Long before drunken motorists became acceptable, albeit deadly, fixtures of modern-day life, it was boozed-up coachmen who were the scourge of the civilized world. "I only wish all the drunkards could be put in a lunatic asylum instead of being allowed to run foul (sic) of sober people. If they would break their own bones, and smash their own carts, and lame their own horses, that would be their own affair, and we might let them alone, but it seems to me that the innocent always suffer...," Jeremy Barker complained after a drunk irreparably injured his horse, Champion, on the streets of London in Black Beauty. "If there's one devil that I should like to see in the bottomless pit more than another, it's the drink devil."

Despite all the vituperation directed against adolescence, drugs, and alcohol, it is far from clear that they, taken either singularly or altogether, are to blame for acts of cruelty perpetrated against cats and other animals. They could be, for instance, merely the masks that certain individuals hide behind in order to excuse the wickedness that lurks in the bottoms of their black souls. Such an analysis would in turn reduce alcohol and drugs to being merely the catalysts that bring their anti-social tendencies to the surface.

In the final analysis such questions should not even be taken into consideration by the courts. In Camardi's case, for example, his age and whether or not drugs and alcohol were involved are irrelevant because his victims are still just as dead and their suffering was not in any way alleviated by his impairment.

Au contraire, the courts should focus solely upon the conduct of defendants and leave the psychoanalysis to the experts. Above all, their sympathies need to be redirected away from the abusers and toward their victims.

Far from being singular occurrences, Camardi's crimes form part of a pattern of feline abuse that has been unfolding all across Canada for the past few years. Specifically, cats are known to have been bound with tape in the provinces of Saskatchewan and British Columbia as well as Alberta.

Nellie and Jennifer Paloposki

For example, in March of this year a handsome three-year-old black and white polydactyl named Bruce Almighty was discovered with all four of his limbs trussed up with electrical tape in Regina. Without the last-minute dramatic intervention of an unidentified couple in the northwest section of town he, too, surely would have joined Camardi's victims in the great void. (See Cat Defender post of November 18, 2005 entitled "Bruce Almighty Weathers an Abominable Act of Cruelty and the Intrigues of the Regina Humane Society in Order to Hopefully Be Able to Pick Up the Pieces of His Shattered Life.")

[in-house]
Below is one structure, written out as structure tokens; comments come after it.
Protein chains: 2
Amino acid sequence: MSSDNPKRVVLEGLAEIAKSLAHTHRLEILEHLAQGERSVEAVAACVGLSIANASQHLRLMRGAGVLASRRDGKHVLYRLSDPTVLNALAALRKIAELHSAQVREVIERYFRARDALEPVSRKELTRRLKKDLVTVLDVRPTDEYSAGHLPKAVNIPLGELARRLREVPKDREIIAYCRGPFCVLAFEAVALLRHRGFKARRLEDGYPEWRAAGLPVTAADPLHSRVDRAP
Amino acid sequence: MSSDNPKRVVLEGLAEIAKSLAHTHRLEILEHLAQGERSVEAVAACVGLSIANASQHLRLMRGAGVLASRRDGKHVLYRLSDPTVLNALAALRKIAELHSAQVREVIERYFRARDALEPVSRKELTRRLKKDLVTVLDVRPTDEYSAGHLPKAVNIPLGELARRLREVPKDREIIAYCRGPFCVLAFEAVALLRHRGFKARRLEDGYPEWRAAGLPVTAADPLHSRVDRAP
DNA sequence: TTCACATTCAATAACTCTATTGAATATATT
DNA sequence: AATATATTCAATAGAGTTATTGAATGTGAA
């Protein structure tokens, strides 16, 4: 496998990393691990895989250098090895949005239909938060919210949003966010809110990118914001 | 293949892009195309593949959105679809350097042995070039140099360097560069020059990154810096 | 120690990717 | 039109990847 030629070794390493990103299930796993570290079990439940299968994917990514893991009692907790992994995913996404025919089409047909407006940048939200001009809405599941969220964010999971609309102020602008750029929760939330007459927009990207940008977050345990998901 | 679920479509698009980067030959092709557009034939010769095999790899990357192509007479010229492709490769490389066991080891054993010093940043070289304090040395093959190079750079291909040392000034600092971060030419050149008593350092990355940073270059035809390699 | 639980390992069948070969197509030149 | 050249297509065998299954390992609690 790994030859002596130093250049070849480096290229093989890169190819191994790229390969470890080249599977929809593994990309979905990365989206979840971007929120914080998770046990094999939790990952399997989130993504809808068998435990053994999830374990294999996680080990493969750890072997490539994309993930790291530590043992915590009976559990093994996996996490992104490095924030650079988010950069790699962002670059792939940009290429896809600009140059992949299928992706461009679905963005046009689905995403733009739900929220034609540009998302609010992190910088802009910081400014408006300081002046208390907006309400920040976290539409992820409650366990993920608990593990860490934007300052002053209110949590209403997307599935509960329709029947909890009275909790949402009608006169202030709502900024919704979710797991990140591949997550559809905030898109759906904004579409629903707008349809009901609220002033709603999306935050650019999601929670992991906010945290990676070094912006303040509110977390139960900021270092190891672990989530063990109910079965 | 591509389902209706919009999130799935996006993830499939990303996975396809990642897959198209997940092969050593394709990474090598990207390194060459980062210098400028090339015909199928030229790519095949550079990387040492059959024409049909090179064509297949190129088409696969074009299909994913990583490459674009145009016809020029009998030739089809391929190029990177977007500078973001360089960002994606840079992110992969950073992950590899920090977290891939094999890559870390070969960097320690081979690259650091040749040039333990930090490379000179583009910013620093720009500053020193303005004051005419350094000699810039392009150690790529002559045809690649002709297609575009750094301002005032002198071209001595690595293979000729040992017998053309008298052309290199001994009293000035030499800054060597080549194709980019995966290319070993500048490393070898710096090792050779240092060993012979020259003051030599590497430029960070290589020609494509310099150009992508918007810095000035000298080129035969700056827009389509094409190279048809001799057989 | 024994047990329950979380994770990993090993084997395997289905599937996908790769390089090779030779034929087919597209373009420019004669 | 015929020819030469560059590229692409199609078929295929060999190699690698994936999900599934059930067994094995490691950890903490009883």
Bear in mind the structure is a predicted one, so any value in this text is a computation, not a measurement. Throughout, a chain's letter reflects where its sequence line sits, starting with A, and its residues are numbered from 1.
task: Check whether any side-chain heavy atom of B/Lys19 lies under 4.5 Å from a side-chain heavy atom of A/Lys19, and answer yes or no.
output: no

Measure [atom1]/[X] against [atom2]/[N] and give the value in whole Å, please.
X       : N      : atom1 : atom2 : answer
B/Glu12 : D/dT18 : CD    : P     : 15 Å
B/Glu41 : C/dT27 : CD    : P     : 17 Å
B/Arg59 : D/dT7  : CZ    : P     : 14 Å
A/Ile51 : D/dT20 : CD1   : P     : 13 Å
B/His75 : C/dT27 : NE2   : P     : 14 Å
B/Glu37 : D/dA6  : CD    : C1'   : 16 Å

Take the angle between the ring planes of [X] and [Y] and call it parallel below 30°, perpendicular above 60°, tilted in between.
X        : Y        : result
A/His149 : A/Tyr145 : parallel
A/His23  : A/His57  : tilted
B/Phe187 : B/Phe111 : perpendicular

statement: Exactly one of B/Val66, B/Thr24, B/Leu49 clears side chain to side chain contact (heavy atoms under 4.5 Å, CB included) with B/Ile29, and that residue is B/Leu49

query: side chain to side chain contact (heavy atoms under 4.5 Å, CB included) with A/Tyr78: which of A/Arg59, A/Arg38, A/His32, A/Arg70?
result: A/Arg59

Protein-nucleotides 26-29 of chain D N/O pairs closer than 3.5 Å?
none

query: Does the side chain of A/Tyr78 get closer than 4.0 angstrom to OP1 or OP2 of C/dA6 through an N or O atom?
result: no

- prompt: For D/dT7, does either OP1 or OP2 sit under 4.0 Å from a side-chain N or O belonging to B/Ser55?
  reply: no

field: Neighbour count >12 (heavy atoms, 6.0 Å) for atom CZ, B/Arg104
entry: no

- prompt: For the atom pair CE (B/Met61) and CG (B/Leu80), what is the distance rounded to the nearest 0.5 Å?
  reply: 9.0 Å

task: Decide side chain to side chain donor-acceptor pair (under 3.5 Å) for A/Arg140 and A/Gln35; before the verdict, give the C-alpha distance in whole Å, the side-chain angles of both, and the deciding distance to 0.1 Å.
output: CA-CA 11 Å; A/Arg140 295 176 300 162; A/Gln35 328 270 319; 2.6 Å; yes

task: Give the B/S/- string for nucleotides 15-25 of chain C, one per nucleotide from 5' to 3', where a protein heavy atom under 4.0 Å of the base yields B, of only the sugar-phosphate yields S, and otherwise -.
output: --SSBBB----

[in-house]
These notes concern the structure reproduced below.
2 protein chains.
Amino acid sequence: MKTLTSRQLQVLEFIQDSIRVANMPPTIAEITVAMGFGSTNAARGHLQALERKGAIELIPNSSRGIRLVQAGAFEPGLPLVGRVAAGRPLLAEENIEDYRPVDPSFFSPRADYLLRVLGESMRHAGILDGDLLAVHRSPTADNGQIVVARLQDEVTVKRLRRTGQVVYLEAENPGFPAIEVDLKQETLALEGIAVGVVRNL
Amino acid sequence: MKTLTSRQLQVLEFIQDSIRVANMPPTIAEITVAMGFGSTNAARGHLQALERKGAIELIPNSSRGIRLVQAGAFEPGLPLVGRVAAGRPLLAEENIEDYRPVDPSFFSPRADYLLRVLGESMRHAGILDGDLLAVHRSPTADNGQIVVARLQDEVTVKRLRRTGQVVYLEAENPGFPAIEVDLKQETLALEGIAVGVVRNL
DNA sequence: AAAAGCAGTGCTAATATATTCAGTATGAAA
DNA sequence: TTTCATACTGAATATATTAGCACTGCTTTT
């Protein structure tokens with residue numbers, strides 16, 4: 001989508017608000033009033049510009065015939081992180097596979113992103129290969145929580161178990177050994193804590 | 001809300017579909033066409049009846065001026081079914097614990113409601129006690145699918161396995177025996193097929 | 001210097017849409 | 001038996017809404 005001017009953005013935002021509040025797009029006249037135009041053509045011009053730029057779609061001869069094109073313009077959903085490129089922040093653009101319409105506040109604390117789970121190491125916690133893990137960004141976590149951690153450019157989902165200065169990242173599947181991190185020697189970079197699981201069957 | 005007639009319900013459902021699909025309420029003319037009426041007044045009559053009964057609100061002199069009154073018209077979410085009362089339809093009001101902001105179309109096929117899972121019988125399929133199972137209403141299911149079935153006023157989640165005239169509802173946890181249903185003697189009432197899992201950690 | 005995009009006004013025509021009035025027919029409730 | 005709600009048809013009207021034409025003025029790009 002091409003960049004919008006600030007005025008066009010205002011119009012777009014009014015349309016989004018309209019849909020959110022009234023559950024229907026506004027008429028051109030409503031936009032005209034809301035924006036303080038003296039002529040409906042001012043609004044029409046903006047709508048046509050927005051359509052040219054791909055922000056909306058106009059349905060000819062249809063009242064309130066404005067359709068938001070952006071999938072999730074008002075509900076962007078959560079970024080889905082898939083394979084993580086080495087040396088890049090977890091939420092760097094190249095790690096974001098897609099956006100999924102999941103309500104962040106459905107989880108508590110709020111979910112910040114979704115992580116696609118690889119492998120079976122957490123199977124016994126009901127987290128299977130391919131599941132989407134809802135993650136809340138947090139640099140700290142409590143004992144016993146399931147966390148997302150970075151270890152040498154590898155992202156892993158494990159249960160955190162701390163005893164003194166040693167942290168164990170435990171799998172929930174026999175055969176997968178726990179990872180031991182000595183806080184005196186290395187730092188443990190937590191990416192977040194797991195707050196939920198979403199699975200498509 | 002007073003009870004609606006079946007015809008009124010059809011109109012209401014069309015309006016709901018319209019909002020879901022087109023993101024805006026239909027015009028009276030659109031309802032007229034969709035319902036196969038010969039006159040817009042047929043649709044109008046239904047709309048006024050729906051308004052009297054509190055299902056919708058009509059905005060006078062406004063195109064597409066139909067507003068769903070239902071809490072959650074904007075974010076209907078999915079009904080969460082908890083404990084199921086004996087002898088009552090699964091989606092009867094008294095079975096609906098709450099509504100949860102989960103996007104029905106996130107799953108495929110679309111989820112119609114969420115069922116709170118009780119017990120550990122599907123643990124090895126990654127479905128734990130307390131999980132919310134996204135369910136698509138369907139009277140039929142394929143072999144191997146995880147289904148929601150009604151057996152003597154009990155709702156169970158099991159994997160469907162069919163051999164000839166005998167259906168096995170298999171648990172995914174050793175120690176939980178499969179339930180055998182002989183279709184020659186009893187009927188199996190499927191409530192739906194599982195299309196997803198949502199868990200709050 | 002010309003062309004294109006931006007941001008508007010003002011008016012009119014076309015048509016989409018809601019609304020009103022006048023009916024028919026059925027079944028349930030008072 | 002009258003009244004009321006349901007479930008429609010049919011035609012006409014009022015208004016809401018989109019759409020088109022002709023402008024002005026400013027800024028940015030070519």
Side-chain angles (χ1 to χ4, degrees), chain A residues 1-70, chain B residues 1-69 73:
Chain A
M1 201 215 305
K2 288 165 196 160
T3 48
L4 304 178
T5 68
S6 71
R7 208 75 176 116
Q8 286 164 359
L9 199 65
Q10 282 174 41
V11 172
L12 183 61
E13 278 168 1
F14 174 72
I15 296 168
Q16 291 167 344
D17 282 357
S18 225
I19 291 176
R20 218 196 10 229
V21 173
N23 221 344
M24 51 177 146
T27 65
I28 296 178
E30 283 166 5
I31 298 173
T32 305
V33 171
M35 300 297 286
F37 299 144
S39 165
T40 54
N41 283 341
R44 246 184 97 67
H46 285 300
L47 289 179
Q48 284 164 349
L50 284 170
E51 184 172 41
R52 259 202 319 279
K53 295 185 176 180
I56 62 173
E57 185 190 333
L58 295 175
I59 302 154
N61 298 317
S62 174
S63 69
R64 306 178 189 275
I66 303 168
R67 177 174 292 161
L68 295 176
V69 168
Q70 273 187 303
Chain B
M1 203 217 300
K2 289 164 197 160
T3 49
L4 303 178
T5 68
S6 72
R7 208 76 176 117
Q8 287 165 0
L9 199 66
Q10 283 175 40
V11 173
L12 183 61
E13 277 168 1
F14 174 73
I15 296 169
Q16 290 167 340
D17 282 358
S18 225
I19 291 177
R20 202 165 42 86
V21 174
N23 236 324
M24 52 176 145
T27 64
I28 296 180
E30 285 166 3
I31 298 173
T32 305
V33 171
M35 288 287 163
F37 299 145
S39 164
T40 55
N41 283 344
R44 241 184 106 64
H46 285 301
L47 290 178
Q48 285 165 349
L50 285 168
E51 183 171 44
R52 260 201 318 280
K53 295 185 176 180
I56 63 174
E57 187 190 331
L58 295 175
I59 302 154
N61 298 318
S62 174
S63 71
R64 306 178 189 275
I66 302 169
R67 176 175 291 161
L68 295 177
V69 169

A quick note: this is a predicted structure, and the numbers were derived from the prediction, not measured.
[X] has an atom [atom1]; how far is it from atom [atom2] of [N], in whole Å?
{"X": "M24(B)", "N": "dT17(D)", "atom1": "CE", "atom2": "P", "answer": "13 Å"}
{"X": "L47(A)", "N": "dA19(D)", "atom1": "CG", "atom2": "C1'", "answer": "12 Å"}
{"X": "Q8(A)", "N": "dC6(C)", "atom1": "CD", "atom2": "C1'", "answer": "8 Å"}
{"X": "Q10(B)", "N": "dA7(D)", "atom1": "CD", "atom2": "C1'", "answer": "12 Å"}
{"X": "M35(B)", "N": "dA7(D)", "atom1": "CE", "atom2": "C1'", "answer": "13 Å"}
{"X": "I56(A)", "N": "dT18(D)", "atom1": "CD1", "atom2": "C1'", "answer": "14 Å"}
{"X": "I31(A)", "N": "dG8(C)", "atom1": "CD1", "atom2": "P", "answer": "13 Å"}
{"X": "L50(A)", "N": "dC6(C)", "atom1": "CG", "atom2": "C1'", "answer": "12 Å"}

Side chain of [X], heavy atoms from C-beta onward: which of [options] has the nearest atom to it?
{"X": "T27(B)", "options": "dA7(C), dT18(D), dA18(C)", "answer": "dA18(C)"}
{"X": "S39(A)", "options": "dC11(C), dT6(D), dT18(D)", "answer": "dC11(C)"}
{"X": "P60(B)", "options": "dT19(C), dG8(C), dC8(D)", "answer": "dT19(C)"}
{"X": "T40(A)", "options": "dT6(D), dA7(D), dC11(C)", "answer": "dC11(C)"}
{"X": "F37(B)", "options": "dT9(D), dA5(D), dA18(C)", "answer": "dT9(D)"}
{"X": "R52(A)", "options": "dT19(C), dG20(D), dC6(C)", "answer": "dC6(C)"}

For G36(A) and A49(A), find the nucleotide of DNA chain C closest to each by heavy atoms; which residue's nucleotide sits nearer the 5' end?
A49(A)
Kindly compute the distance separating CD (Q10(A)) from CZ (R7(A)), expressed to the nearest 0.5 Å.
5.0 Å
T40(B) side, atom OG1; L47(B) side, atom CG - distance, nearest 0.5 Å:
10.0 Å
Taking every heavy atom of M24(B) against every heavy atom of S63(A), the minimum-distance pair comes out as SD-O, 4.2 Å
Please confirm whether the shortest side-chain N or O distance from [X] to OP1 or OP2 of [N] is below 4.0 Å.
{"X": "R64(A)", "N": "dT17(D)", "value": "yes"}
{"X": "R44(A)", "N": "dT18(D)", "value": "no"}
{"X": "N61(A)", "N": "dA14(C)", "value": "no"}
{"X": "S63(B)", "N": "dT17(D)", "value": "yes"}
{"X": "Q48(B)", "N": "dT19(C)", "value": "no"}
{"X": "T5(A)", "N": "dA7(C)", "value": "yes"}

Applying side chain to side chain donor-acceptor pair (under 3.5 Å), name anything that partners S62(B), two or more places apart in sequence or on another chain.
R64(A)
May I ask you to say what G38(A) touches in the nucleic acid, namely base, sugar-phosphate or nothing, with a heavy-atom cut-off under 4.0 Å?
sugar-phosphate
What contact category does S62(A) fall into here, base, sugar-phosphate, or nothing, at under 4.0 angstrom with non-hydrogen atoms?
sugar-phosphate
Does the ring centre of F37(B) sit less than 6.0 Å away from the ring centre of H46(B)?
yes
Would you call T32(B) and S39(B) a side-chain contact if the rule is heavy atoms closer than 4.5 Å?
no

Over the course of a six-week period in September and October of 2012 no less than three cats were found bound with tape in four separate incidents in the city of Nanaimo on Vancouver Island. The abuse began on September 6th when a sixteen-year-old tom named Sam from Poplar Street was found with his paws tightly wrapped in blue duct tape and his tail fastened to his neck.

His assailant had done such a thorough job that his owner, Dianne Gordon, was forced to rush him to Island Veterinary Hospital where the tape had to be removed with scissors. Sam, fortunately, was not seriously injured and soon recovered from the frightening ordeal.

When advised by the BC SPCA to lock him up indoors, Gordon took umbrage at its insinuation that he had been to blame for the incident. "The cat is sixteen years old. I can't keep it in," she groused to the Nanaimo Daily News on October 24, 2012. (See "Nanaimo Royal Canadian Mounted Police Investigating after Cat Duct-Taped a Second Time.") "That would just be cruel. The cat has been an outdoor cat all his life."